Naive tourist? Bumbling spy? Months after her arrest at Mar-a-Lago, Zhang Yujing remains a cipher

  • Zhang, expected to appear next week in federal court on charges that carry up to six years in prison, is representing herself
  • The Shanghai native with a financial services background may have been an ‘unwitting asset’ of Chinese intelligence, a former FBI agent says

When Zhang Yujing, protagonist of the “Mar-a-Lago intruder” case, listed Prison Break among her favourite TV shows on a long-inactive social media account, the prospect that she herself could one day face years behind bars in the US must have seemed unlikely, if not unthinkable.

Back in 2008, fresh out of university, she would take to the Chinese social network Renren to share pictures of exquisite desserts, the poetry of Yeats and humorous posts about the Shanghainese dialect, the vernacular of her hometown. She was, in the words of a man she later dated in 2013, “just a normal girl”.

“Ordinary looks, ordinary family, and an ordinary education – everything was ordinary,” said Yao, who was willing only to give his surname due to the sensitive nature of the far from ordinary predicament now entangling Zhang.

In March, Zhang, 33, was arrested after gaining entry into US President Donald Trump’s private club in Florida, Mar-a-Lago. Prosecutors allege that Zhang lied her way past a Secret Service security checkpoint to enter the Palm Beach resort, first telling guards she was there to visit the pool, then saying she was there to attend a charity fundraiser – an event that had been cancelled days earlier.

Zhang is to appear in federal court in Fort Lauderdale next week to defend herself against charges – lying to a federal officer and trespassing – that, should she be found guilty, could spell up to six years in prison, hundreds of thousands of dollars in fines and certain deportation to China upon release.

The Shanghai native has not been charged with espionage, but behind the scenes federal prosecutors have filed classified evidence in her case – indicating the existence of a parallel US investigation into whether she was working as an agent for Chinese intelligence services or had any contact with government officials.

Publicly, prosecutors have also not ruled out bringing more charges against Zhang, while a judge presiding over her bail hearing said it appeared she “was up to something nefarious”.

At the time of her arrest, Zhang was carrying multiple cellphones, a laptop, an external hard-drive and a thumb drive. A later search of her hotel room found more electronic devices and US$7,500 in $100 bills.

The mystery surrounding Zhang has only grown since her arrest, following a series of actions she has taken that have confounded observers. Despite having no previous legal training, she has fired her lawyers – public defenders appointed by the court – and chosen to represent herself.

She has been accused by a judge of “playing games” with the court, after refusing to answer his questions and directly requesting to be freed from jail. And in a further perplexing twist, she has been calling up dozens of businesses in the Palm Beach area asking for financial help and legal advice, according to previously unreported telephone records.

Ahead of her trial next week, the South China Morning Post partnered with the Miami Herald to piece together a picture of Zhang’s life before and after her fateful trip to Florida in March, speaking to acquaintances of Zhang along with people in the United States who have had contact with her. Many interviewees declined to be named.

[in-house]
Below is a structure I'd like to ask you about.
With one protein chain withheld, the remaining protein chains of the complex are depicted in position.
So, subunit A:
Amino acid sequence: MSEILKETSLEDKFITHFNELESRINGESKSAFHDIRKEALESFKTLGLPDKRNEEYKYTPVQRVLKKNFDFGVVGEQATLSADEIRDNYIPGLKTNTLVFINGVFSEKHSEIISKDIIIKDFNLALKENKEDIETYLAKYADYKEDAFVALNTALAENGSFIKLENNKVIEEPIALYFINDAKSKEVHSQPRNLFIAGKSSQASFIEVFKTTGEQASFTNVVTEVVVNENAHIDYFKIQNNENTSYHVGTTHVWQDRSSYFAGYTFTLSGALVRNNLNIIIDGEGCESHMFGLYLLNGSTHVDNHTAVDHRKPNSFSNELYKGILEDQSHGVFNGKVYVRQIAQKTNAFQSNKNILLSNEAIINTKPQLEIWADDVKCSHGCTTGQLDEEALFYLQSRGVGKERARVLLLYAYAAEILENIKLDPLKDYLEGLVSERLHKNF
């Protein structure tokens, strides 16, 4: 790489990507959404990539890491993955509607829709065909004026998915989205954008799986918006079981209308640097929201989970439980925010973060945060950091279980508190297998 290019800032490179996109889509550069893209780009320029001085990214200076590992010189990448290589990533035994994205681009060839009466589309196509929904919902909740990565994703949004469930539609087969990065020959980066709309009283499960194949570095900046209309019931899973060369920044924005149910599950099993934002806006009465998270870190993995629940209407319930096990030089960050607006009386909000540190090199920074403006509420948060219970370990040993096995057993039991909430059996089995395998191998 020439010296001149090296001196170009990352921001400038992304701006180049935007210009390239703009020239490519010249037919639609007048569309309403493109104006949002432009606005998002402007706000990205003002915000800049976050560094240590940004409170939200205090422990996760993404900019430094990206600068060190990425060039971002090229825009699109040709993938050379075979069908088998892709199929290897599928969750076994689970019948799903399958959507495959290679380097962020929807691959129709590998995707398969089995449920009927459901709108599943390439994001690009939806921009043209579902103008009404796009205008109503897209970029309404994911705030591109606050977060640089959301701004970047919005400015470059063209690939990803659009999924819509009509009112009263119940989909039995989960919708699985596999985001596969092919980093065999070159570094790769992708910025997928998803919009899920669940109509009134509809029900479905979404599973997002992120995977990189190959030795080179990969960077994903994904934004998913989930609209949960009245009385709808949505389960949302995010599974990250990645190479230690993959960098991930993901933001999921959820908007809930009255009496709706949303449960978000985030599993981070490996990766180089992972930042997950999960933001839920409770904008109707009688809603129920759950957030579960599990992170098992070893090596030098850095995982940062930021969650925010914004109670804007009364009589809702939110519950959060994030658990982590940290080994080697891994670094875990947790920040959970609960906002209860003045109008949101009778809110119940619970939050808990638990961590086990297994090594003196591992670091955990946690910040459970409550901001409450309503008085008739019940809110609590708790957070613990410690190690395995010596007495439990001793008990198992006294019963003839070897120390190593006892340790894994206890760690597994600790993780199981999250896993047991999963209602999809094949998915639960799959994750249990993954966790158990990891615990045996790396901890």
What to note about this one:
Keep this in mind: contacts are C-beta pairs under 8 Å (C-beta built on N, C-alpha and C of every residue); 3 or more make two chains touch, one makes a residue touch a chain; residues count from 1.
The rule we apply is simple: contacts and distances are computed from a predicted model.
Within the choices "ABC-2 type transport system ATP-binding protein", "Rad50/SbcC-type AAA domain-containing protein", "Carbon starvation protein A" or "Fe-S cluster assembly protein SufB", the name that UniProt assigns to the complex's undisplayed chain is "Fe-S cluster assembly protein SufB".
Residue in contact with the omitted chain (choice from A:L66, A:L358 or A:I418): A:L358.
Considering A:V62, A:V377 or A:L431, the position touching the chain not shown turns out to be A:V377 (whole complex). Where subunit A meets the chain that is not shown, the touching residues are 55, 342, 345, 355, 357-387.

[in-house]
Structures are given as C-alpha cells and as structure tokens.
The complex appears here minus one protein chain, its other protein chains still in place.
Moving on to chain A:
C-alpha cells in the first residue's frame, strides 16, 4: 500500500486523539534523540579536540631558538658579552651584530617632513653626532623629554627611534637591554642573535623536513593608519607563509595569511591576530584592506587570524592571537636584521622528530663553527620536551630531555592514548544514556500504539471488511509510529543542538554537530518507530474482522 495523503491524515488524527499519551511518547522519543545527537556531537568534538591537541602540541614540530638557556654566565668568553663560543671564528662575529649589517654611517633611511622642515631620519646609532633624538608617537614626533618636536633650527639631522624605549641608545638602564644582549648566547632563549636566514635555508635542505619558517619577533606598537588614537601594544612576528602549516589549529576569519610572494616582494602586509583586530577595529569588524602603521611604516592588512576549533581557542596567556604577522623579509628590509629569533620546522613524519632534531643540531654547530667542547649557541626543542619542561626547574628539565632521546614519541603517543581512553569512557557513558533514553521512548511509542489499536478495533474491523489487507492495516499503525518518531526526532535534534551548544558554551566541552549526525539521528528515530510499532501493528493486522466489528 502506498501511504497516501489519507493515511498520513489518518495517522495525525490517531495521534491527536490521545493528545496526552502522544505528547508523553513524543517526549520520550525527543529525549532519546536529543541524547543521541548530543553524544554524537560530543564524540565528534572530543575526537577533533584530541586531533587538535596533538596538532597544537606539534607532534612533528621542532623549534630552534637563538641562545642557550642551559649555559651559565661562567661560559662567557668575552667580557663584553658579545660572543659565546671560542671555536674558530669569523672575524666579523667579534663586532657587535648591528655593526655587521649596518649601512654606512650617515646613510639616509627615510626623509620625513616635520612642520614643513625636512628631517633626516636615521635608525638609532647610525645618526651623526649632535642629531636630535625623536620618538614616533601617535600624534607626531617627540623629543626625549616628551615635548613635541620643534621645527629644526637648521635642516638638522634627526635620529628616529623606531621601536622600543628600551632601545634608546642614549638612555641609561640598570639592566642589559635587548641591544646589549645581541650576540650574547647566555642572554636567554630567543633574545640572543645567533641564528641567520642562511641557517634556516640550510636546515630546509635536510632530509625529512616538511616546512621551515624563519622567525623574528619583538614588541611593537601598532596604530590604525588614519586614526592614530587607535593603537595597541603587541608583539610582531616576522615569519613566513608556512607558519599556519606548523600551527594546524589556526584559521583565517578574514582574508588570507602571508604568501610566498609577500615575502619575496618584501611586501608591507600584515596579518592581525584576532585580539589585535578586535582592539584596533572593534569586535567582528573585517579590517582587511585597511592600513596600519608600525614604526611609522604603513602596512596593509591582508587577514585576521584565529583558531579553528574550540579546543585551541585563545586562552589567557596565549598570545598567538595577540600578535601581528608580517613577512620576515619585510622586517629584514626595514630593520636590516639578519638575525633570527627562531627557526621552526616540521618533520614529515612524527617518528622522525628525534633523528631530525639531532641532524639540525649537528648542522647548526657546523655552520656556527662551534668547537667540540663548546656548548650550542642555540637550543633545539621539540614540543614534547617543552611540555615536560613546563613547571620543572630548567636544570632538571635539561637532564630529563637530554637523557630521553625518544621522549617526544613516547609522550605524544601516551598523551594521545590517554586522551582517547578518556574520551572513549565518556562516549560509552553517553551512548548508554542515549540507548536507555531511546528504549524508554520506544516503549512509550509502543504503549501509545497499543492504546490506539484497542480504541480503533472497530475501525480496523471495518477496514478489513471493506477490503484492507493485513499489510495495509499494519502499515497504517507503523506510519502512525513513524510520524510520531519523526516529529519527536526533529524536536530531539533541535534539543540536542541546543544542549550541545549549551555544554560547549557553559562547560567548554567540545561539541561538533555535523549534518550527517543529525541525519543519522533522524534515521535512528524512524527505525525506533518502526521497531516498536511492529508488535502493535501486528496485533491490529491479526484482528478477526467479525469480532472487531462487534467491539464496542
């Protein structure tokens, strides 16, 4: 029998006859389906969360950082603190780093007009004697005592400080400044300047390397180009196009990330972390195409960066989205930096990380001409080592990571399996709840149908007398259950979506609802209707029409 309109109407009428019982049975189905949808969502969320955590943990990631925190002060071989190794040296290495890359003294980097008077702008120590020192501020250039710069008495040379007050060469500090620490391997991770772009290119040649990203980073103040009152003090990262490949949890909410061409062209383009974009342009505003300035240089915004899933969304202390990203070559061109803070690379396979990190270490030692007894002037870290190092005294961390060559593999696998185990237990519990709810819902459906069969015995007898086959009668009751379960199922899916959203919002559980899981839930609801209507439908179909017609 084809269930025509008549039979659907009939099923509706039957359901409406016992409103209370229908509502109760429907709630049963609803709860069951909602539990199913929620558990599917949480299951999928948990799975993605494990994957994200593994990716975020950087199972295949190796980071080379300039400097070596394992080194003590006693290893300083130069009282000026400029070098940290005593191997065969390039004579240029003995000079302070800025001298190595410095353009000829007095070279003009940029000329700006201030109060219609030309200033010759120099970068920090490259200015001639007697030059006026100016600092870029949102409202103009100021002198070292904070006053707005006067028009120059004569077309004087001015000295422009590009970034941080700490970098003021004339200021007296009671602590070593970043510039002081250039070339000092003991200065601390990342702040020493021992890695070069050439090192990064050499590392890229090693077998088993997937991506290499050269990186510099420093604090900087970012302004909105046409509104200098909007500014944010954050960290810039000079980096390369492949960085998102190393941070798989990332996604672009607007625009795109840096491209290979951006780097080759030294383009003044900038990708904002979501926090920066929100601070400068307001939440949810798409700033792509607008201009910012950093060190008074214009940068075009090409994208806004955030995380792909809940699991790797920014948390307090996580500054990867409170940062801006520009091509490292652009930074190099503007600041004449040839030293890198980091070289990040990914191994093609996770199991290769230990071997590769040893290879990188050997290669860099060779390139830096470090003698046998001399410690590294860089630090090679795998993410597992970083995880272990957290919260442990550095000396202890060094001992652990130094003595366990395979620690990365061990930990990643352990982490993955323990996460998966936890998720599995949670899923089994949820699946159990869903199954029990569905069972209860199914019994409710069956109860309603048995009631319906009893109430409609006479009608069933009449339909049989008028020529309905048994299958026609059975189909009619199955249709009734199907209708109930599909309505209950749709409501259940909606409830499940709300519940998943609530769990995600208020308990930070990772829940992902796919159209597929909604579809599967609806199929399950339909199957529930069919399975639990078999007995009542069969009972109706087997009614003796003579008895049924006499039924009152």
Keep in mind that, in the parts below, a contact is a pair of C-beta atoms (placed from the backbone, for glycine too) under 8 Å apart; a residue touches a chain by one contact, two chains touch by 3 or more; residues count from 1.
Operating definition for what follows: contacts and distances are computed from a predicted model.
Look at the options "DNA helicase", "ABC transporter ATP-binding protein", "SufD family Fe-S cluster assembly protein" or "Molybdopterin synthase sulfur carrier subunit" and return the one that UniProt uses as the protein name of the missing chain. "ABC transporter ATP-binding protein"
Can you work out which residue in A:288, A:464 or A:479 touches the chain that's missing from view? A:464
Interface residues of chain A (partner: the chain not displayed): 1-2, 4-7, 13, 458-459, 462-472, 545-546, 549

Zhang was born in 1986 into a Shanghai that was a hotbed for the economic reforms pushed by China’s then-leader Deng Xiaoping, and her education and career revolved around finance.

After graduating from the Shanghai University of Finance and Economics with an undergraduate degree in economics, finance and financial management in 2008, Zhang joined AIG-Huatai, a joint venture between American Investment Group and China’s Huatai Securities.

Now known as Huatai-Pinebridge (the company was renamed in 2010), the Shanghai-headquartered joint venture describes itself as the largest active quantitative analysis fund manager in China. The firm declined to comment or confirm Zhang’s employment there, but an expired certificate registered under Zhang’s name with the Securities Association of China described her as an employee at Huatai-Pinebridge and her work as “regular securities business”.

She is also identified as having worked there by a paper she published in the Business Culture journal about qualitative and quantitative investment analysis, while a LinkedIn page under her name lists her job title at the firm as “product manager”.

But after Zhang left Huatai-Pinebridge in the early months of 2013, around the time her mother died, scant public information exists about her next steps. Yao, who went on a handful of dates with her in 2013, said he believed she went on to continue working in the field of fund management.

Eleven years her senior, Yao was setting up his own hedge fund at the time, and posted about his line of work frequently on the Chinese microblogging site Weibo, through which Zhang came to know of him.

“The reason she approached me was because she wanted to set up her own company and wished to gain some understanding and find partners,” Yao said, adding that while he was not sure whether she was particularly driven by money, “she was very interested in what car I drove”.

Suggesting she has since been successful in amassing sufficient wealth to live comfortably in one of China’s most expensive cities, she was the owner of her own BMW and had paid of roughly half the mortgage on her 9 million-yuan (US$1.26 million) Shanghai home before her travel to the US in March, according to sworn testimony she gave in April.

Recent years saw her travel to the US multiple times on a 10-year visa, including a December 2017 trip to visit tech companies in Silicon Valley and Boston organised by a Beijing-based company offering overseas business tours for Chinese executives and investors.

Before her arrest, Zhang was also working as a consultant for an asset management company in Shanghai, she told the court. She was paid “per project”, she said, though had not received any income in 2019.

Filings with the Shanghai municipal government’s enterprise credit information database indicate that the company – Zhirong Asset Management – is owned by Zhang Xuefeng, who, a source familiar with the case confirmed, is Zhang Yujing’s father.

Beyond its wide variety of asset management and financial consultation services, Zhirong’s website also touts a “VIP club”, advertising access to events like the Oscars and promising photo opportunities with “international celebrities”.